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  • Location:
    Amsterdam, The Netherlands
  • Interests
    Chemistry, Molecular Gastronomy, Smoke
  • Grill
    Kamado Joe

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  1. Thanks for the extra data. Interesting to see how the temperature does not drop when opening the dome. Good stuff the fireboard
  2. Thanks for sharing your experience, it looks great! I have the Pit Viper fan and I'm happy with it. I find it a better built quality than the native Fireboard. Referring to your plot, I'm curious to know what happened between 7am and 12pm with the temperature spike. Can you share the fan data as well?
  3. I would second that. Lately I have been lighting my fire and starting the controller right away (even with the target temperature). Experience tells me the more you play and tweak this thing, the longer it takes to reach a set target, and you will likely get longer overshoots. These controllers are meant to be set and forget, and I have learned they work best in that way.
  4. Soot does build up in the surface of the Smobot after some cooks, but this does not seem to be an issue for it to perform well. Some people suggest that in the event of blocking, a butane torch helps. The surface of the device is very well polished, so any degreaser, e.g., rubbing alcohol, would be able to help
  5. It has been a while, but in the meantime, I managed to get my hands at a Smobot. Here are my findings: 1. What Kamado cooker you are using? Big Joe 2. What temperature controller do you have? Smobot 3. What are your vent and fan settings on your Kamado? Bottom vent open 3.5cm. Top vent controlled by the Smobot. This is an important point, basically the bottom vent opening needs to be the similar as the one you would use without a controller 4. Where do you place your ambient probe for temperature control? Not too close to the edges, not too close to the food 5. At what point on your cook you let the controller to take over. I lit the fire in the middle of the coals and activated immediately the Smobot 6. Please share the graph from your temperature control with eventual fan output. The plot is below. At the beginning, the temperature went higher than the setpoint and around 20:00 I found out there was a leakage on the Smobot (not fitted properly). Thereafter, the control was spot on for the following 12 hours. It is a pity that the damper position is not recorded though... 7. What do you love about your controller? -Uses natural draft instead of a blower -It is truly set and forget -Best temperature control I have seen so far -Less coal consumption compared to controllers with fans -Quicker reach of setpoint compared to controllers with fans (yes, this is counter intuitive, but the controllers with fans tend to overshoot, while the Smobot just gets you where you want to be) -If the right batter pack is used, no need of electrical plug (Important not to use a smart power bank since these may shut down) 8. What would you improve about your controller? -The app is pretty basic -Probe calibration would be welcome -Possibility of naming the foods would be welcome -Toggling auto/manual from the app would be useful -Visualization and logging of the damper -Internal battery 9. Anything else you want to share I am super impressed with the control provided by the Smobot. Most of the things I would like to see improving are on the app, which I am sure can be done 10. And last but not least, share pictures of your cook It was a test run with no food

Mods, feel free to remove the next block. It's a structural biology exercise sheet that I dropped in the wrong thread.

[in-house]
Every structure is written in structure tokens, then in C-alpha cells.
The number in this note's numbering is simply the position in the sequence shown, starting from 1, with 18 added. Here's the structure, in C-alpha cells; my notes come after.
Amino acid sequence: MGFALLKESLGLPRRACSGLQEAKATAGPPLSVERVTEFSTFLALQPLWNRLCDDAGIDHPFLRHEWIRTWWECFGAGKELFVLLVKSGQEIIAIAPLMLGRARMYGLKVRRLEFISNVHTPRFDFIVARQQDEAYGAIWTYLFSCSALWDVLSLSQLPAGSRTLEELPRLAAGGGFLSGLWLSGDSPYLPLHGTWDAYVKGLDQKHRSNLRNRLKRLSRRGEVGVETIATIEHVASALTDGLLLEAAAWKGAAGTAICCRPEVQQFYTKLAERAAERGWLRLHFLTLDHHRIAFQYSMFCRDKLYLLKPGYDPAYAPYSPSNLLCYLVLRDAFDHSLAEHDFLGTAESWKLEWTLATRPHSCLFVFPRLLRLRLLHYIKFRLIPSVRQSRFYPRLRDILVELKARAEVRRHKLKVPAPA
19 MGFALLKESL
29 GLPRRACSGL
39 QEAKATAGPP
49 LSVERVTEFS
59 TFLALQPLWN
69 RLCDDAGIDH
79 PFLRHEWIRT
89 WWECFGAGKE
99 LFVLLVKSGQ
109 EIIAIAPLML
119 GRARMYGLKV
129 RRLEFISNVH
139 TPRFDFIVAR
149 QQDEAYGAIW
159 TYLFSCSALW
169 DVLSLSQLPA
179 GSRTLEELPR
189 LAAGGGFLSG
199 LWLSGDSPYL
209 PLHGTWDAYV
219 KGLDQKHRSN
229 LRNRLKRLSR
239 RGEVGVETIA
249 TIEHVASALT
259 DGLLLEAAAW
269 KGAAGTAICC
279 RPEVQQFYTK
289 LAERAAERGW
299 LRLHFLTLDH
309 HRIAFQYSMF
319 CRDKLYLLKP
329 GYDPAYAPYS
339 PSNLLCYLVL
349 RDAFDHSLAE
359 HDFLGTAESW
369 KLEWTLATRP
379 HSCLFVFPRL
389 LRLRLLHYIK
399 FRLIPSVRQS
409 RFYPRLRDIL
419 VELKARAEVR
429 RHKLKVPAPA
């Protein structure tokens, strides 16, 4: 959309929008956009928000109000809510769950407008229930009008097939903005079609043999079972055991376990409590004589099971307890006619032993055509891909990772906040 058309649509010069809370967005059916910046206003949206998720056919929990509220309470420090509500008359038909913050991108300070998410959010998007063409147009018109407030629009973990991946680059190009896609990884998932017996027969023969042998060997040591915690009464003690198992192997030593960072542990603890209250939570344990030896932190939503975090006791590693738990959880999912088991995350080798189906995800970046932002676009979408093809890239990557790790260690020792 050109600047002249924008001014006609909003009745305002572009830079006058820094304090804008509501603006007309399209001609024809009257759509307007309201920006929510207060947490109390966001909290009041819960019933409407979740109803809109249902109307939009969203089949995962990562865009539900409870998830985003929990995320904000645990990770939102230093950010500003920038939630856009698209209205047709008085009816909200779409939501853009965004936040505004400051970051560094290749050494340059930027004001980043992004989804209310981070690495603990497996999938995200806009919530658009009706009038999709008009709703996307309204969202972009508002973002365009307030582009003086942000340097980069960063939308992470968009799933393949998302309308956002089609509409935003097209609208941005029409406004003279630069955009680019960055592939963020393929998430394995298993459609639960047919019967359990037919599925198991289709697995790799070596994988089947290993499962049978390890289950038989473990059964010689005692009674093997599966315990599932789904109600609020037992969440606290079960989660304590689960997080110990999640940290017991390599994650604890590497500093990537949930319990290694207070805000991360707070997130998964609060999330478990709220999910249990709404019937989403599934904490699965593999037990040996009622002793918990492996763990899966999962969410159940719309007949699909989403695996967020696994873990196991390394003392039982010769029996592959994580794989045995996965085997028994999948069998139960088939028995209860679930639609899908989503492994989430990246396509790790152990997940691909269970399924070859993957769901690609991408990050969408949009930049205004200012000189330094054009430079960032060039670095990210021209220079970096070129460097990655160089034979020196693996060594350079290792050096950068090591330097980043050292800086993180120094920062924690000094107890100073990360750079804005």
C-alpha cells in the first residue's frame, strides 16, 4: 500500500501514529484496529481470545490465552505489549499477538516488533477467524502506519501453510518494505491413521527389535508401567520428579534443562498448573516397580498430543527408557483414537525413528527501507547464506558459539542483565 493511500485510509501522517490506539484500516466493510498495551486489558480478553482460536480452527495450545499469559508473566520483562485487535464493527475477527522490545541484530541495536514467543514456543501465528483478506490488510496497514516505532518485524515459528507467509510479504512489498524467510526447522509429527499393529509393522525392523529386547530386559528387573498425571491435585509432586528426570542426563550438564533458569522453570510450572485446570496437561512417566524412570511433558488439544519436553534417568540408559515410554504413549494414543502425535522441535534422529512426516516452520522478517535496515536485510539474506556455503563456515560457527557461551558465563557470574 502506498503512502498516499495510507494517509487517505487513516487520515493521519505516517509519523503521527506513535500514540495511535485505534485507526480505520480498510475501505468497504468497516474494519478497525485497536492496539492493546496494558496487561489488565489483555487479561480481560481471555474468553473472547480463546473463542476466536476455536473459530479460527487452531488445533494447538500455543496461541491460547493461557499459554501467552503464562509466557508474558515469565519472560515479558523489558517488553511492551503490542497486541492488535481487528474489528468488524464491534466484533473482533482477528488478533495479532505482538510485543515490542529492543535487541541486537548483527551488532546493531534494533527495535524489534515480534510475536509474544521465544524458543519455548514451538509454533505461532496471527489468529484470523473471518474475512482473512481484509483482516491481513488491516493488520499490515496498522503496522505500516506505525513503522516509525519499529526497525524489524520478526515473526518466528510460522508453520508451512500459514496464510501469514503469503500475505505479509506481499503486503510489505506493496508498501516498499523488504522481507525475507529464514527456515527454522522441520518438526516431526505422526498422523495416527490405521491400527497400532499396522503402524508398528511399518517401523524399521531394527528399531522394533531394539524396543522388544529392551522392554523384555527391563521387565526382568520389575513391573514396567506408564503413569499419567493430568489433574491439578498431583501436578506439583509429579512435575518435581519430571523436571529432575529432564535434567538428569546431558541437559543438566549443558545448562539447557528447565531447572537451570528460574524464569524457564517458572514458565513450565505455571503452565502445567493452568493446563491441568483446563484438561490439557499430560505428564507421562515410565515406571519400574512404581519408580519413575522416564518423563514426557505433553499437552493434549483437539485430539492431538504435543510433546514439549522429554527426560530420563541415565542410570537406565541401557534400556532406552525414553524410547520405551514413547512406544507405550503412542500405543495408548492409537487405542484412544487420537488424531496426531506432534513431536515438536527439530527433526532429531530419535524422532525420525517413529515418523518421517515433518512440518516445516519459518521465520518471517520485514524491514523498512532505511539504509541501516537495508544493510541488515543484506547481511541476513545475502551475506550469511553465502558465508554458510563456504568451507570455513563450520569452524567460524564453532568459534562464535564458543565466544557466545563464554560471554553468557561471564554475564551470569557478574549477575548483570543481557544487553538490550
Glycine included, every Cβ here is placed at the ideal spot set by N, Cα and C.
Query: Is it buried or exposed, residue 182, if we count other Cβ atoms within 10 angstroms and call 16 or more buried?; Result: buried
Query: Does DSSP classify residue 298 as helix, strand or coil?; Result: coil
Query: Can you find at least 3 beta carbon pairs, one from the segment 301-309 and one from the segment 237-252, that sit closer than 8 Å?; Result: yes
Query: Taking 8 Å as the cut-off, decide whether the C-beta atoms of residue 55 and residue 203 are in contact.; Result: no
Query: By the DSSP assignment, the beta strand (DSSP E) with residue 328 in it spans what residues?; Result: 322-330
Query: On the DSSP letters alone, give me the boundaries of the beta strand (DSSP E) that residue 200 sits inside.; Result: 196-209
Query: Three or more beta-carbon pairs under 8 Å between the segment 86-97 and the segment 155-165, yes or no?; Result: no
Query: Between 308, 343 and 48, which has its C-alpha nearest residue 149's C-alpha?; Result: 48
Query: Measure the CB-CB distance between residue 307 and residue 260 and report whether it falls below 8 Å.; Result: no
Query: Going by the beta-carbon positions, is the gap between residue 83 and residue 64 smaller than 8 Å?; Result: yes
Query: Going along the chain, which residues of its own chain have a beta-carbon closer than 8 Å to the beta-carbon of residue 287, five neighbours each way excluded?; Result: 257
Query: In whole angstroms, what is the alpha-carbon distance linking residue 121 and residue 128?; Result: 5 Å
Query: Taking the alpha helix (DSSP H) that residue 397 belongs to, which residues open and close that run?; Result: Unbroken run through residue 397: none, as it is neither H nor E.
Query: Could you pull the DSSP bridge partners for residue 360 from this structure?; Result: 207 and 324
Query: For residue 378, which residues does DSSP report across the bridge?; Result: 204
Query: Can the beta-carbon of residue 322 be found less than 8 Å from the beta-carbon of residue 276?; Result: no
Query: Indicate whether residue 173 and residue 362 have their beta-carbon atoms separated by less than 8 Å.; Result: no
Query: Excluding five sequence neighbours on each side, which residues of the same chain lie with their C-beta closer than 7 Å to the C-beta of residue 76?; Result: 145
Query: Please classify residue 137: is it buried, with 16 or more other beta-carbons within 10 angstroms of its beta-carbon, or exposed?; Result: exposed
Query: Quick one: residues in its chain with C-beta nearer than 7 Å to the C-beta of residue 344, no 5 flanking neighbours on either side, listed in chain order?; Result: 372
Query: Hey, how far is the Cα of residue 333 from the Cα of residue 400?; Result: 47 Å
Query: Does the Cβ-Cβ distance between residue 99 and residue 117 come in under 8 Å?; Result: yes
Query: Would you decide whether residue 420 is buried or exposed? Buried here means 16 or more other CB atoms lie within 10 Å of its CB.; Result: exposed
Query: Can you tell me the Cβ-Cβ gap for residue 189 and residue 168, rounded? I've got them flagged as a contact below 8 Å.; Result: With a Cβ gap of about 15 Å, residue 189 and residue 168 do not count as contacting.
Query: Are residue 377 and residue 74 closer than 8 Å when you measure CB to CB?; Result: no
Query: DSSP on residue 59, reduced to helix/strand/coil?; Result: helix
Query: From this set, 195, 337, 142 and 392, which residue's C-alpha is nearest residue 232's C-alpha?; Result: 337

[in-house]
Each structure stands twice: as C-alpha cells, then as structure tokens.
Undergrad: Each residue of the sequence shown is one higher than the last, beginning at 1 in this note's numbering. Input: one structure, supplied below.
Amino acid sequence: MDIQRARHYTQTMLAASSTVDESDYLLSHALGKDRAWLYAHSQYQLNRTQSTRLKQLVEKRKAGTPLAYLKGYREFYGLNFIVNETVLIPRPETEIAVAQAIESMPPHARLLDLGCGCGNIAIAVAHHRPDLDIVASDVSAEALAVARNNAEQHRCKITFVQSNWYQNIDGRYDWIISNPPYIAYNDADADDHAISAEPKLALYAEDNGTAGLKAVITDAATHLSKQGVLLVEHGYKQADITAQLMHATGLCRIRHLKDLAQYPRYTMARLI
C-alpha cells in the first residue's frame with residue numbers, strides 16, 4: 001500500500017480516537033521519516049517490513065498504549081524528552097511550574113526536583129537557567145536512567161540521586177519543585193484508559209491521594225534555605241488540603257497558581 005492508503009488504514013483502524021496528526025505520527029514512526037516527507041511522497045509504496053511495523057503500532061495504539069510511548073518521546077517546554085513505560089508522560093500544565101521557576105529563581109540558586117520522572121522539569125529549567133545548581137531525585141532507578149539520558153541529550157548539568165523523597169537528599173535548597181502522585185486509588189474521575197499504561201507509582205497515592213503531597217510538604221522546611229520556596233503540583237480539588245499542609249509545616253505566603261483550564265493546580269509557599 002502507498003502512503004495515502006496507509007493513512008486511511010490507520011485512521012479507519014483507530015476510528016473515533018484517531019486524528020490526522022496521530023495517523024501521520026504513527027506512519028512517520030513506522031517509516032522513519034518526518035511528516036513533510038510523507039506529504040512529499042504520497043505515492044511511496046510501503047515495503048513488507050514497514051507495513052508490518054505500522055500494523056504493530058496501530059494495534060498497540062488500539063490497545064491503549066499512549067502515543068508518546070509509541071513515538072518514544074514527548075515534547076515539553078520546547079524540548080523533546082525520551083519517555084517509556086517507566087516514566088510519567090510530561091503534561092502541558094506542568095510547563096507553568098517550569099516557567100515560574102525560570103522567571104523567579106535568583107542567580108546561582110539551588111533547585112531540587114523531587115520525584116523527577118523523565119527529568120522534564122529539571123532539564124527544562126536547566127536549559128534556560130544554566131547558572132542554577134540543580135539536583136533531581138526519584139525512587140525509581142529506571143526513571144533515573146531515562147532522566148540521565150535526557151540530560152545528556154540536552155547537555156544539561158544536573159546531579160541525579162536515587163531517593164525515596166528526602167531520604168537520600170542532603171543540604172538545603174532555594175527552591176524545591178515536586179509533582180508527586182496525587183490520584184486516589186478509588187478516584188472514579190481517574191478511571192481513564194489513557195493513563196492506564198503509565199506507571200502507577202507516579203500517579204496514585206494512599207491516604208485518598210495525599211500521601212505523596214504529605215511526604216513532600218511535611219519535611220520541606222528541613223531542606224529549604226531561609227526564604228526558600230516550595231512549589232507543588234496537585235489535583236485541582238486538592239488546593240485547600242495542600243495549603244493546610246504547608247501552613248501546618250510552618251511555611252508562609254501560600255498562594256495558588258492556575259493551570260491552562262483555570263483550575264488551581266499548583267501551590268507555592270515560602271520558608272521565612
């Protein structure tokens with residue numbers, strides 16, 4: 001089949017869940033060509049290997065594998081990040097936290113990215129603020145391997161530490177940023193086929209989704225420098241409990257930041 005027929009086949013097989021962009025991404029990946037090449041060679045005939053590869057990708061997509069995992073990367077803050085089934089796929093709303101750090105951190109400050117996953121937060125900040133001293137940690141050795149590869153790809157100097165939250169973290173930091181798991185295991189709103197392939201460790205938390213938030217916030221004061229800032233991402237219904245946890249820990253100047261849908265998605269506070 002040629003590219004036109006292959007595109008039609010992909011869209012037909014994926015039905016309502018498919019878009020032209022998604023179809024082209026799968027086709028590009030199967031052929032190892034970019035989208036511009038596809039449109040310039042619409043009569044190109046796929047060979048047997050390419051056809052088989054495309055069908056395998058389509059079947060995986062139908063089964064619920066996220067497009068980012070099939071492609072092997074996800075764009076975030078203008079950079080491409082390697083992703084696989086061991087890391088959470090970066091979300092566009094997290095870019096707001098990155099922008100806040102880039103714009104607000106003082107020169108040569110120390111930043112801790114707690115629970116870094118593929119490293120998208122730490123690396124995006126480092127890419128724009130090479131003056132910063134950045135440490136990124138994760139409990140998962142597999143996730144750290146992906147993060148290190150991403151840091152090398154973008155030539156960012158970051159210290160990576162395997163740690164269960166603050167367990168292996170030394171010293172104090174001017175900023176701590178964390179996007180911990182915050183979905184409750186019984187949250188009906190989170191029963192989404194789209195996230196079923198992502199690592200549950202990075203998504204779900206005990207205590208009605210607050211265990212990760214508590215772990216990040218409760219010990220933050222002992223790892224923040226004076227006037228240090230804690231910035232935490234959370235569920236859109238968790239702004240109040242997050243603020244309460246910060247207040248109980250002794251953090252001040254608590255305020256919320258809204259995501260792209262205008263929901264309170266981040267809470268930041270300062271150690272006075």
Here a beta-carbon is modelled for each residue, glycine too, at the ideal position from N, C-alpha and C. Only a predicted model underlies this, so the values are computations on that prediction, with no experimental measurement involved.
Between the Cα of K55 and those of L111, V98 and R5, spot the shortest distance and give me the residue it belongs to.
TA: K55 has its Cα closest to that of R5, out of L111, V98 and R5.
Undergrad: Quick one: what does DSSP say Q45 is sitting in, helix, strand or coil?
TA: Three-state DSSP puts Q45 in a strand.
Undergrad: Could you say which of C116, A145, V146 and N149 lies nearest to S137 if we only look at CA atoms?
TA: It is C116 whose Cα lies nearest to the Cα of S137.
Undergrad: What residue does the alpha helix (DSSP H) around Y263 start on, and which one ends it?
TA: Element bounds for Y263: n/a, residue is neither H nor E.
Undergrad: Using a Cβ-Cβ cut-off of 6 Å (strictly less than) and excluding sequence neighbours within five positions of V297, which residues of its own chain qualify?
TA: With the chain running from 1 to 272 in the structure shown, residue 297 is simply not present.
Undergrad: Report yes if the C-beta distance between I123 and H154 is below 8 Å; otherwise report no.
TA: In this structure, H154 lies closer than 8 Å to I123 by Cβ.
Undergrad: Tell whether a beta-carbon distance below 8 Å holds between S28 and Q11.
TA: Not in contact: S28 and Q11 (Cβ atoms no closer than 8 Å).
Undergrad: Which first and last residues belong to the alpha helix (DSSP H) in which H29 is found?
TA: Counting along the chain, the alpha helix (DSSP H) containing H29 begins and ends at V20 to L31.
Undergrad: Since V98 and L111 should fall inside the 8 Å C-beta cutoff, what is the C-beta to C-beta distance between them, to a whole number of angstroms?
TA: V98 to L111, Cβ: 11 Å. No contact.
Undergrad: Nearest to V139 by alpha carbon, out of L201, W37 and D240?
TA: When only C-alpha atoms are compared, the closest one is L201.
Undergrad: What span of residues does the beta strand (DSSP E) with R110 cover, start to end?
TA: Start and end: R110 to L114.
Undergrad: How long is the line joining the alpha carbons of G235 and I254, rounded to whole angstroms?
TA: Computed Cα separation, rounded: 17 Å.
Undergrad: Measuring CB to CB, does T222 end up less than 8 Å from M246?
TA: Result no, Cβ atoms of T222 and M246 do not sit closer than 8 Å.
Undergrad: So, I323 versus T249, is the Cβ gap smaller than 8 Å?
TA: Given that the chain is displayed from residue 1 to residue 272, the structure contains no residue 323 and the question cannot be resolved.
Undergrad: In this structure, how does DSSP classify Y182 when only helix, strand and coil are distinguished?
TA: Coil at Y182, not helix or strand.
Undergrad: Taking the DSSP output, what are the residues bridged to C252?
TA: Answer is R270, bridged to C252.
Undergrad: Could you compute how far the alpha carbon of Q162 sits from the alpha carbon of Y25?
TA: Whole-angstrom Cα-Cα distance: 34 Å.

6. Thanks ckreef, good stuff. I see temperature dropping after it became stable for a while. Are you using a controller on this one?
  7. There are two different ways of controlling that I typically see: 1. Light your starter, leave the dome open for around 10min and start control. 2. Light your starter, leave the dome open for around 10min and adjust your vents to get to the desired temperature. Once you have stabilized temperature, engage the fan and let the control do its thing. Both methods will eventually settled you to the desired temperature. 1/8 of an inch is a good start for the top vent. I suggest the first time to start with sufficient coal (a lot), and well ahead of time. In this way you will understand how your cooker/controller combo behaves. I do have the Fireboard + Pit Viper set myself, and use it in a Big Joe. Go back to the first page on this thread for more details on it. Cheers
  8. M-fine, this is fascinating stuff. I like what you report here; especially the fact that the control is done mainly with air opening/close and little with a blower as most of the controllers. Kind of like the Smobot but with the extra versatility of a blower when needed. I would love to see a graph/video if you have the chance of recording your next cook. Thanks for the good info
  9. This is impressive control... so the HM has both a damper and a blower, correct? Can you share data of blower activity and damper openness? This is the kind of stuff I would love to see